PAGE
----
Oh snap, today marks two straight years of churning out blog posts on food of questionable worth. For better or worse, that's a pretty big deal for me... considering my how short my attention span normally is. But you know what? Not much has really changed on my site in the past year. Sure I redid the layout, and yeah I finally replaced my camera, but I'm proud to say that the content hasn't changed one bit. Nope, it's still the same asinine commentary that you fell in love with (or began to hate) way back when.
Have I made an impact on the internets? Probably not. Not unless you have some sick obsession with General Tso's chicken or burgers. Have I made the internet community slightly dumber for having written some of the stuff here? Most definitely. Anyway, I wasn't originally planning on writing a post, so I'll stop rambling and just give a big virtual thanks to everyone who actually reads this nonsense. I'm not sure why you do it... but thanks nonetheless.
Posted by Nicholas at 10:17 PM
Friday, December 24, 2010
Sorry to all my Hindu readers (if there are any), but to me, this pretty much explains why cows were put on earth. Oxen tails... they are good eatin'. I also want to apologize to anyone who actually listened to me and went to Gigi's for their ox tail platter... I'm sorry. I mean, everything I wrote there is still mostly true. The jerk chicken is spicy beyond all belief, the mac and cheese is pretty damn good when drizzled with hot sauce, but let me retract one thing... the ox tail platter there isn't phenomenal. When compared with the platter at Denise's, it seems downright pedestrian.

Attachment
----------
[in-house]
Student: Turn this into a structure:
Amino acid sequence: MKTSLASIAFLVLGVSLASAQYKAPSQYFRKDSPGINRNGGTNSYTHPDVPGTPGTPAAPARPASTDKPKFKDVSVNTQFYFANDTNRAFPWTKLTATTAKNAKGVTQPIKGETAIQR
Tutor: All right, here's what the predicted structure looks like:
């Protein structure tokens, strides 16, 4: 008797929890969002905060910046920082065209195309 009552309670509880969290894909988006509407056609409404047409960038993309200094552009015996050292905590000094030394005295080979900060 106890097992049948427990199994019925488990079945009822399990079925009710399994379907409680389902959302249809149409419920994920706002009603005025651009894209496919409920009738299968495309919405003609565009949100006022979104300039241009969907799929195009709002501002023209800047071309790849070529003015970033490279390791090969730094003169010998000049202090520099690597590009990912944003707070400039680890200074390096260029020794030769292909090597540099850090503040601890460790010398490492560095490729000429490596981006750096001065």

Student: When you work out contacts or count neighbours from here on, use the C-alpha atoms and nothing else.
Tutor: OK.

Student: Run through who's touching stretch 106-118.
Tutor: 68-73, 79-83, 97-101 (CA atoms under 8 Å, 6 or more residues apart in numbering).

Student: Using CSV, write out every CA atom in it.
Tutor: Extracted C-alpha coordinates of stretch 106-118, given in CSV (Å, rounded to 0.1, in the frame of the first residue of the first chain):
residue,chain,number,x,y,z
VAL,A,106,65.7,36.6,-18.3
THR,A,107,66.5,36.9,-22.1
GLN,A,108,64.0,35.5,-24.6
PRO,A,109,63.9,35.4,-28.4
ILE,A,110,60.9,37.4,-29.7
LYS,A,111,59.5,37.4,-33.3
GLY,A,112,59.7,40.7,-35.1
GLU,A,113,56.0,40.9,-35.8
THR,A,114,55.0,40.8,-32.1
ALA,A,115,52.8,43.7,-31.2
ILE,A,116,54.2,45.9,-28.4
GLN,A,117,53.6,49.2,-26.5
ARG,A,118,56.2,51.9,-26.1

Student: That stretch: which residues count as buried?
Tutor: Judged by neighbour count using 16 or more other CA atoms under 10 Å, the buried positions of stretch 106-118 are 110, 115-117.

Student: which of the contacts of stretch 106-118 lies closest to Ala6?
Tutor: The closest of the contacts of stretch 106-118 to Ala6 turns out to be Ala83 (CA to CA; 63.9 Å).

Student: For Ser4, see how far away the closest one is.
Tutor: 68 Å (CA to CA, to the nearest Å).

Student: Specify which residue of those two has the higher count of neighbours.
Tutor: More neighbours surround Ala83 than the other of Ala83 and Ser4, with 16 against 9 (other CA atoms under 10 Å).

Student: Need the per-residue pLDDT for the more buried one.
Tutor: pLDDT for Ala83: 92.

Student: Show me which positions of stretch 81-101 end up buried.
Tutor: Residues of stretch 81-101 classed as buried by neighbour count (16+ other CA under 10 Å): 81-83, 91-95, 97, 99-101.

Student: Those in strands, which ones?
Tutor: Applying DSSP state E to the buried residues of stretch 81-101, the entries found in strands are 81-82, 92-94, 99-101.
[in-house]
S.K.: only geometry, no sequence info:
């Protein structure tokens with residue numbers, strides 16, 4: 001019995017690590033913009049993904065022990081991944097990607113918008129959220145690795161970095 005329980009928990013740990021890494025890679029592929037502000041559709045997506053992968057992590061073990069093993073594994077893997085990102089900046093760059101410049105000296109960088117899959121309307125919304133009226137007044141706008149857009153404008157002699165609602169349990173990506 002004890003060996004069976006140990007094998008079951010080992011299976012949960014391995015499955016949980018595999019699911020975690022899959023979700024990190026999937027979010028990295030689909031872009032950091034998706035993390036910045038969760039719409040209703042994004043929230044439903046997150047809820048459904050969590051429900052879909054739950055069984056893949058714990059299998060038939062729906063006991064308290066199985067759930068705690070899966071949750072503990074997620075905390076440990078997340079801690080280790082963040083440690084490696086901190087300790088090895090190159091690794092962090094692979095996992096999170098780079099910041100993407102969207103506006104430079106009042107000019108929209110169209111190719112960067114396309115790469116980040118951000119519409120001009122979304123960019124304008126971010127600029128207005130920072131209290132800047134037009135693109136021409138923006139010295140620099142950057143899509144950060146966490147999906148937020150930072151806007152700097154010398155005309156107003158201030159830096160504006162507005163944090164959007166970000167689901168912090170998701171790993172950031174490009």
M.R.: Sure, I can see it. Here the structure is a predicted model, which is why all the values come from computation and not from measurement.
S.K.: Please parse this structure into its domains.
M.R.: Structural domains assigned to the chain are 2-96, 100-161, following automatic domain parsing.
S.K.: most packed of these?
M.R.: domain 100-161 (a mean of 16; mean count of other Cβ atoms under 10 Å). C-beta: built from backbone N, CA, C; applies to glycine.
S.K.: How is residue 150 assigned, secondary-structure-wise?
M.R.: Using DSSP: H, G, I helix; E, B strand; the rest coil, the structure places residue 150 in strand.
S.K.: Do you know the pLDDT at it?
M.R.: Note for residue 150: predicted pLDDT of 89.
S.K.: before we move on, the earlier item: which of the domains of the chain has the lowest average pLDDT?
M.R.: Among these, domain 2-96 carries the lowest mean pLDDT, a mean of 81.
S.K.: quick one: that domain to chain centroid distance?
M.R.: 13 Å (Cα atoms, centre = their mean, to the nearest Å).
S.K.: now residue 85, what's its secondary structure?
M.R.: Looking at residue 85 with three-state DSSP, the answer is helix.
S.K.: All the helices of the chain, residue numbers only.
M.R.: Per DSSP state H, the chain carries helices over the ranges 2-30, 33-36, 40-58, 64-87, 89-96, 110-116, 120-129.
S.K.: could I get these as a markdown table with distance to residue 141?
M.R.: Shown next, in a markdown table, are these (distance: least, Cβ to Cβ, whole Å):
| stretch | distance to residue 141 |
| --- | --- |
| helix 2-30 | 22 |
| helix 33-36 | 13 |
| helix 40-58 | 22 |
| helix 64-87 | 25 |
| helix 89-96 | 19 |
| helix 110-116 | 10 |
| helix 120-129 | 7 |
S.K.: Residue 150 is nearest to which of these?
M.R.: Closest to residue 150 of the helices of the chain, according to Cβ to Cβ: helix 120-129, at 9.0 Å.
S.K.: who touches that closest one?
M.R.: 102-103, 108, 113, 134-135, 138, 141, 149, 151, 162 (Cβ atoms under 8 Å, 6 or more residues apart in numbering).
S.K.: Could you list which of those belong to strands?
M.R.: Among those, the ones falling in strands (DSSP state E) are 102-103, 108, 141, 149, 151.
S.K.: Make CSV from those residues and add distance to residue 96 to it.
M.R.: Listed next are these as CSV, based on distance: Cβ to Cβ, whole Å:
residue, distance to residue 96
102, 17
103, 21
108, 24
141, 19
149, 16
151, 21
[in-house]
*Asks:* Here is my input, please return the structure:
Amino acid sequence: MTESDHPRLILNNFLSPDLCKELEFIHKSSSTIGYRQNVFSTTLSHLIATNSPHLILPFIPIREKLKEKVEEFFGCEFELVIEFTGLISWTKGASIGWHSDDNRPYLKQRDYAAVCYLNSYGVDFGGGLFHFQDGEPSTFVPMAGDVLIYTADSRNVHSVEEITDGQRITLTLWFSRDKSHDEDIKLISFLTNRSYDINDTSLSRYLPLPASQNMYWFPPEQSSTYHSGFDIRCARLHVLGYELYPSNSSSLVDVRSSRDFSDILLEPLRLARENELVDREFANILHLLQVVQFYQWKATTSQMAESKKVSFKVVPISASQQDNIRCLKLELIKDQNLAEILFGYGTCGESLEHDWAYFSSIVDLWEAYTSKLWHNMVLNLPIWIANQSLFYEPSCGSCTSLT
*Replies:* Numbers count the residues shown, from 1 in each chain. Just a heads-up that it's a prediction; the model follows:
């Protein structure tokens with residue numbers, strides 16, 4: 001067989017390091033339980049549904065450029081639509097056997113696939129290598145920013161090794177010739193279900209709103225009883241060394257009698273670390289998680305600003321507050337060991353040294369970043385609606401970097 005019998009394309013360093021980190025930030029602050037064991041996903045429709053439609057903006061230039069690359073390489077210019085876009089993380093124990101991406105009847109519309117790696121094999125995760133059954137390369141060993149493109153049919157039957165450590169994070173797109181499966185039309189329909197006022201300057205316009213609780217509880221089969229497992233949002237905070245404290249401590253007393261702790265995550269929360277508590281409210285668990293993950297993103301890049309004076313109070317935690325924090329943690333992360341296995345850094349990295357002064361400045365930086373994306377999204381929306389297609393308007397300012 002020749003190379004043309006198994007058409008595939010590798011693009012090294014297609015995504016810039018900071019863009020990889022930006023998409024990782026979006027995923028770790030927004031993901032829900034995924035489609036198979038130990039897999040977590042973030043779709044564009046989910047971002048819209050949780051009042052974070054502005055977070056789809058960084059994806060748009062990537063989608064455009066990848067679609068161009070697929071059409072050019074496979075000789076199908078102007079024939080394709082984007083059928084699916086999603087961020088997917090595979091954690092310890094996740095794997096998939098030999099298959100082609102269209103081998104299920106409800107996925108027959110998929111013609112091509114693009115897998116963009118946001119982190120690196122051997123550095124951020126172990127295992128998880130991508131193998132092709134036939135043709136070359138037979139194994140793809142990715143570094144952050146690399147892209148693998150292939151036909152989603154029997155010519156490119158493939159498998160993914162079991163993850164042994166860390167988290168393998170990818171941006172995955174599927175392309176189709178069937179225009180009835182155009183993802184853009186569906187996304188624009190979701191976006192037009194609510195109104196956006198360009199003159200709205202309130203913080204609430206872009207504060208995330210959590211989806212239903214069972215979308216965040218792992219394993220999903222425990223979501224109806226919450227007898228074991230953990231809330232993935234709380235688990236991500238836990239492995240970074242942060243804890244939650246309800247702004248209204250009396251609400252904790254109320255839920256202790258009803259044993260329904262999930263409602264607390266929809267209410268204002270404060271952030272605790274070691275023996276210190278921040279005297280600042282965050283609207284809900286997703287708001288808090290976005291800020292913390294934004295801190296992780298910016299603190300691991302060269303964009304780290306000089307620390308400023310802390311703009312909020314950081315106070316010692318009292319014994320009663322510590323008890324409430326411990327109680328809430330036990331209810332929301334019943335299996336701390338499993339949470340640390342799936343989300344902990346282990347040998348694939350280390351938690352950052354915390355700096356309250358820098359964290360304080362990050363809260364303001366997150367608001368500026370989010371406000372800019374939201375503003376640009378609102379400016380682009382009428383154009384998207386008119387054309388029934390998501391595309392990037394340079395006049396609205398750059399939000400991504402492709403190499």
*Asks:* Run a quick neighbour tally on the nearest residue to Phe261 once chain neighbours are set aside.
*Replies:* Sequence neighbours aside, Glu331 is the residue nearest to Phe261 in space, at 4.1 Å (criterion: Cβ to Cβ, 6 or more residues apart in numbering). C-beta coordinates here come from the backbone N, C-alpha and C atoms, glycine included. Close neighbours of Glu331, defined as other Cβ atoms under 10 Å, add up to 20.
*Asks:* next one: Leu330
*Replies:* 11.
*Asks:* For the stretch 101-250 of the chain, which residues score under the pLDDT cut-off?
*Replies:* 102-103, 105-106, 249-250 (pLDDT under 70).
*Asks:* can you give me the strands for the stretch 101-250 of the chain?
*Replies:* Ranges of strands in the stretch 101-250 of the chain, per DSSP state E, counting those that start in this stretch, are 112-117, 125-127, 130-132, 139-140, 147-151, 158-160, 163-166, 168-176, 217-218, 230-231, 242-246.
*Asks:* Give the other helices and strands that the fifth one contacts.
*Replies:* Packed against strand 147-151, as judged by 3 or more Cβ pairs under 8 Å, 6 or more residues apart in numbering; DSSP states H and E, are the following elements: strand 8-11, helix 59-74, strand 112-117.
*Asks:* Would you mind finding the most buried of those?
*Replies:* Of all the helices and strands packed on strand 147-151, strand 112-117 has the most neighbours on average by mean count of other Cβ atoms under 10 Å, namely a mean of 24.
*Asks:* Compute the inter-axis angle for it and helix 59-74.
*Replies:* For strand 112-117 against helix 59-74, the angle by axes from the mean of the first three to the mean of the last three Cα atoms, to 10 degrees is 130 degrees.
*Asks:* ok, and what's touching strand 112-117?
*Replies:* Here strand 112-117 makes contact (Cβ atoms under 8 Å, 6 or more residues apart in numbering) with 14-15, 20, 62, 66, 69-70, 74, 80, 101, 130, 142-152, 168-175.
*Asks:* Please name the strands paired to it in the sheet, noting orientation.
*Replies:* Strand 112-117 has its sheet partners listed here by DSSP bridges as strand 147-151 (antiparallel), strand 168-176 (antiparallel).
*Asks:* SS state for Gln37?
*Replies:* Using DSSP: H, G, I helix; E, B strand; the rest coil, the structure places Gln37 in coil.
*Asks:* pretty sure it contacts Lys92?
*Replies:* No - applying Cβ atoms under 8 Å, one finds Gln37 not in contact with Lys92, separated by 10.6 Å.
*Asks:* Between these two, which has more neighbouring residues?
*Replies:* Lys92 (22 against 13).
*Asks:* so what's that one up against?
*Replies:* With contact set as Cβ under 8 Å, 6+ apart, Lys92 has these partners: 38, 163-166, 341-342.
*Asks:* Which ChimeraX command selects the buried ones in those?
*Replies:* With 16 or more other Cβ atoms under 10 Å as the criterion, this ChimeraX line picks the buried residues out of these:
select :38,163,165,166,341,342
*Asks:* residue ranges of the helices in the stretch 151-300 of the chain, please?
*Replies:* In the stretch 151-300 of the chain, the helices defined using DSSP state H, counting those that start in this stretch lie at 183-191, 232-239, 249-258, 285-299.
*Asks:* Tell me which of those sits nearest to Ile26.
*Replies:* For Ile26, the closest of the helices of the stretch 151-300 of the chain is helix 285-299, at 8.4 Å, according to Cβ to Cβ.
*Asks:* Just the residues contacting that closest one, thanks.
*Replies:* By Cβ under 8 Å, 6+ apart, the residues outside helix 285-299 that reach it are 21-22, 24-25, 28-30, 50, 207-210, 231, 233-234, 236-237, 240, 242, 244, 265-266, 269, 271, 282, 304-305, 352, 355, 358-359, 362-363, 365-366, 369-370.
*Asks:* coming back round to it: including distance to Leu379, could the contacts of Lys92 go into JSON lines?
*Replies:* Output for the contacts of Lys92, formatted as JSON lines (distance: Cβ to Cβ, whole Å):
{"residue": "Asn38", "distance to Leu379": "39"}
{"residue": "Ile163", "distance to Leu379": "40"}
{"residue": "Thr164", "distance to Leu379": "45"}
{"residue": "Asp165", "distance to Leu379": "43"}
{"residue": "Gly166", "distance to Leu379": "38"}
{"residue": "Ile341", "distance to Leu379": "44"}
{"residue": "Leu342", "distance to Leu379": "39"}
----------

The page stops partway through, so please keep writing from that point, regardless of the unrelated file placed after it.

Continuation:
I had written that Gigi's interpretation wasn't exactly what I was expecting. I had dreams of tender beef that would peel off without much effort, but was greeted with chunks of beef joined by connective tissue. Well in Denise's platter, the beef is spot on with my original expectations. The meat comes off with some light prodding using a crappy plastic fork. The connective tissue is still fantastically springy and... connective? Hrm, I fail at describing this... maybe a picture will help!